Newroz (or Nowruz, according to your preferred spelling) is a “feast of spring” celebrated throughout the countries of the Middle East and Central Asia. In Turkey, though, it has been celebrated only by the Kurds, and that is why it has always been a problem.
Until the mid-1990s, this problem was none other than an official ban on Newroz celebrations. For the Turkish state wanted to erase Kurdishness from the face of the earth, and Newroz was one of the manifestations of that outlawed identity. For years, therefore, Turkey’s southeast became the stage of feast-celebrating youngsters, and the police and gendarmerie trying to stop them.
Only in 1995 did the Turkish state begin to realize its sheer stupidity, and set Newroz free. For more, it even adopted the feast officially, as governors and officers began to jump over fires, practicing the very Newroz tradition that they had suppressed until the previous year.
But in 2012, this year, yet another stupid ban on Newroz came from the Turkish government. It was not about the feast itself, but about its date. The Peace and Democracy Party (BDP), which is passionately pro-Kurdish and pro-PKK, wanted to organize the celebrations on March 18, a Sunday, in order to gather more people in fields and squares in Istanbul, Diyarbakır
and elsewhere. But the Interior Ministry, headed by İdris Naim Şahin, whose level of Turkish nationalism has become nationally notorious, insisted that celebrations would be allowed only on Newroz’s usual date, which is March 21.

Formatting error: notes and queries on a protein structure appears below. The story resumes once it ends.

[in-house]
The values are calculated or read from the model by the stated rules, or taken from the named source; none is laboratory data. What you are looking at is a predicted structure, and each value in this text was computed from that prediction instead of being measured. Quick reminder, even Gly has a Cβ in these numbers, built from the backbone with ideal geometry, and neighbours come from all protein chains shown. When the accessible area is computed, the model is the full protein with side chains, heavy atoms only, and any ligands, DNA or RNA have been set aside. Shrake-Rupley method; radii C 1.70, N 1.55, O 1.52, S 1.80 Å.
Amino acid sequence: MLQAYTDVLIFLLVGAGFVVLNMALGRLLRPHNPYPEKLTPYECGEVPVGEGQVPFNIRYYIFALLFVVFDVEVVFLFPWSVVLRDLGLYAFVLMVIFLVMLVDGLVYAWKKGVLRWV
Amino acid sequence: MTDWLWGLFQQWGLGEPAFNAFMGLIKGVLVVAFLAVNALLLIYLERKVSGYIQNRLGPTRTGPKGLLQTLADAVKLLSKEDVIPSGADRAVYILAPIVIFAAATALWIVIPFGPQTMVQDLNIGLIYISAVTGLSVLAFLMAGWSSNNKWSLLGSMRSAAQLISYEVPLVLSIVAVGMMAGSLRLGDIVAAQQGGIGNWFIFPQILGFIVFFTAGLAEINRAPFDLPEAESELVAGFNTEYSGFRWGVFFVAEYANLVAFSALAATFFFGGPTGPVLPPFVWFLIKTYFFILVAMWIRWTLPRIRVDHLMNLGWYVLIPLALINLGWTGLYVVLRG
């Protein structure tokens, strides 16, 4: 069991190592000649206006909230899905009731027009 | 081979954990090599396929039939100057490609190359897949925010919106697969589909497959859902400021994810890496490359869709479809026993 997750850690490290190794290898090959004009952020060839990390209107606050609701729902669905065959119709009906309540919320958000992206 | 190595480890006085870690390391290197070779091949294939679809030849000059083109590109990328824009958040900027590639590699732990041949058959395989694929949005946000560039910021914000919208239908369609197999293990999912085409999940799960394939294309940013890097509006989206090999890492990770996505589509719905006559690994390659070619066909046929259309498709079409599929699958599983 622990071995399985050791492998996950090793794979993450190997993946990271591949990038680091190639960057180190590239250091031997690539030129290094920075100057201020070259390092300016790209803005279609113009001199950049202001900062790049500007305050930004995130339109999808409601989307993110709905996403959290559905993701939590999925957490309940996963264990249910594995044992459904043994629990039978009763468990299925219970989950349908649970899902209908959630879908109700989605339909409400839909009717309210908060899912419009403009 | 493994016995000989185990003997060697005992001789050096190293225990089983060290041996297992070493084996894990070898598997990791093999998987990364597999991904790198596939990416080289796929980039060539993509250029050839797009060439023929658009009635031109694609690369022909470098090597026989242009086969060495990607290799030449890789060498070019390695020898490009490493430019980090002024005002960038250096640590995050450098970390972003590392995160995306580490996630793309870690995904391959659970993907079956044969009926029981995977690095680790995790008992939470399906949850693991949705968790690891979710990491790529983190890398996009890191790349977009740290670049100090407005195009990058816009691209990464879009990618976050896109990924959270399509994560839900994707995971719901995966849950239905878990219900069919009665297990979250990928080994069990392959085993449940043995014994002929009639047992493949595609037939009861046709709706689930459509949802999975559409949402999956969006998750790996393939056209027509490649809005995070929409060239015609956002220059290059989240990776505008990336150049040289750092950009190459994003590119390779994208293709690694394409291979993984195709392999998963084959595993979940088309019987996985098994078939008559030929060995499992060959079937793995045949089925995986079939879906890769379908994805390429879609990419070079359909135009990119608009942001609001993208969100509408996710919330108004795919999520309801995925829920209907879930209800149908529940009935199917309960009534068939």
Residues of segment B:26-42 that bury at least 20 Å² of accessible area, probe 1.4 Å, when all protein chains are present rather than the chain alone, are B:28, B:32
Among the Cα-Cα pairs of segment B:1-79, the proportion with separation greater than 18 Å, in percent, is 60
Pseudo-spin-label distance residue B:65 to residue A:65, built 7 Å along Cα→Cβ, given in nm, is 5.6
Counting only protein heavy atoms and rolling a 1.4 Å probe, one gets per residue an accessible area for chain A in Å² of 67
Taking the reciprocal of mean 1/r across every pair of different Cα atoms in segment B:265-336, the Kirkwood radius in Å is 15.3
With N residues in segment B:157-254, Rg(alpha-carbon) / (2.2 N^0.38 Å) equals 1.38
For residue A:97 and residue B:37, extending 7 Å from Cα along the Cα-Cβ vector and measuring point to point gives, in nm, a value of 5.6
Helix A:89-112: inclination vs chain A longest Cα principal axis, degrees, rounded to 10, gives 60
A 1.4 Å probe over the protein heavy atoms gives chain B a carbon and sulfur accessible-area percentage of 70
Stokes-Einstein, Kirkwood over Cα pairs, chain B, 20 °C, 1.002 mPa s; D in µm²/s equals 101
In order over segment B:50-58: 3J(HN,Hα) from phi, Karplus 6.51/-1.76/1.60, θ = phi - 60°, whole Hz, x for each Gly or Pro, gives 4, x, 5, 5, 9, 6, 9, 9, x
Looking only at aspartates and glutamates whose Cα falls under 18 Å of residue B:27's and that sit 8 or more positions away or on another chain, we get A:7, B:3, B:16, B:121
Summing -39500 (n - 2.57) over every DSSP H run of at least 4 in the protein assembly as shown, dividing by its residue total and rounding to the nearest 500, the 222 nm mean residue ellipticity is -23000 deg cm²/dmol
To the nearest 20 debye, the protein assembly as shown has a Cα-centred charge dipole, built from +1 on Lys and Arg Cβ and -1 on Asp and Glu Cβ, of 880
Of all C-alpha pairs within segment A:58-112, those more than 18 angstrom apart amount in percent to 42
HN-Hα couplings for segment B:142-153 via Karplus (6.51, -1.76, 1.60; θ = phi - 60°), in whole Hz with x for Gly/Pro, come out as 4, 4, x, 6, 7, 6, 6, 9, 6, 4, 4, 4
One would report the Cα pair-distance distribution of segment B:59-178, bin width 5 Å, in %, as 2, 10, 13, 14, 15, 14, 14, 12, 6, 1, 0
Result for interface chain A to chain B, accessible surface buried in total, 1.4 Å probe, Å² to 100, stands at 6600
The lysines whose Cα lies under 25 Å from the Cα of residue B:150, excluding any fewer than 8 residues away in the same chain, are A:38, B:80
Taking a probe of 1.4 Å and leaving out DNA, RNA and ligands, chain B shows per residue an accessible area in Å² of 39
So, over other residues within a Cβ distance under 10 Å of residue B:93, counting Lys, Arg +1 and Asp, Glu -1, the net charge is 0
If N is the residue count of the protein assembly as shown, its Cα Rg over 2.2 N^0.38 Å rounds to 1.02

Yet the BDP insisted on its preferred date, so Istanbul and Diyarbakır
became the stage of clashes between the police and BDP supporters. Angry protestors attacked buses and broke windows while police used tear gas and sticks. One protestor even got killed.
For the Turkish majority, the violence unleashed by the pro-BDP protestors was evidence that “these people are indeed barbarians and terrorists.” Hence many believed that it was only right for the government not to have allowed Newroz events on Sunday.
However, things would have probably gone quieter had there been no ban in the first place. Had the government said, “people can celebrate Newroz on the date they want and in the place they choose,” revelers would probably have been less provoked and thus more peaceful.
To me, this shows that the main dynamic of the Kurdish question, which has poisoned Turkey for decades, is still unchanged: Kurdish nationalists raise political demands, the Turkish state finds them too much, then Kurdish nationalists go violent, and the Turkish state suppresses them, saying, “You see, they are violent.”
The Justice and Development Party (AKP) government, to its credit, wanted to break this vicious cycle by taking bold steps for reform and initiating covert dialogue with the PKK
in 2009. However, this has not worked well, for the AKP’s reforms were not enough to win over all Kurds, and the PKK’s political ambitions were too much for Turkey to accept. (The organization wants a totalitarian one-party state in an autonomous southeast.)
Hence, in its third term, the AKP has resorted to a policy of less reform and more security. Interior Minister İdris Naim Şahin, a relic from Turkey’s most authoritarian days, seems to be tailored-made for this job, with his caricature take on “state authority.”
But this is a very dangerous road, which will only exacerbate the problem. The gap between Turkey’s Turks and Kurds is gradually deepening. If these dynamics continue, we might wake up one day to see that the majorities on both sides do not really want to live together. And then no “state authority” can hold Turkey intact.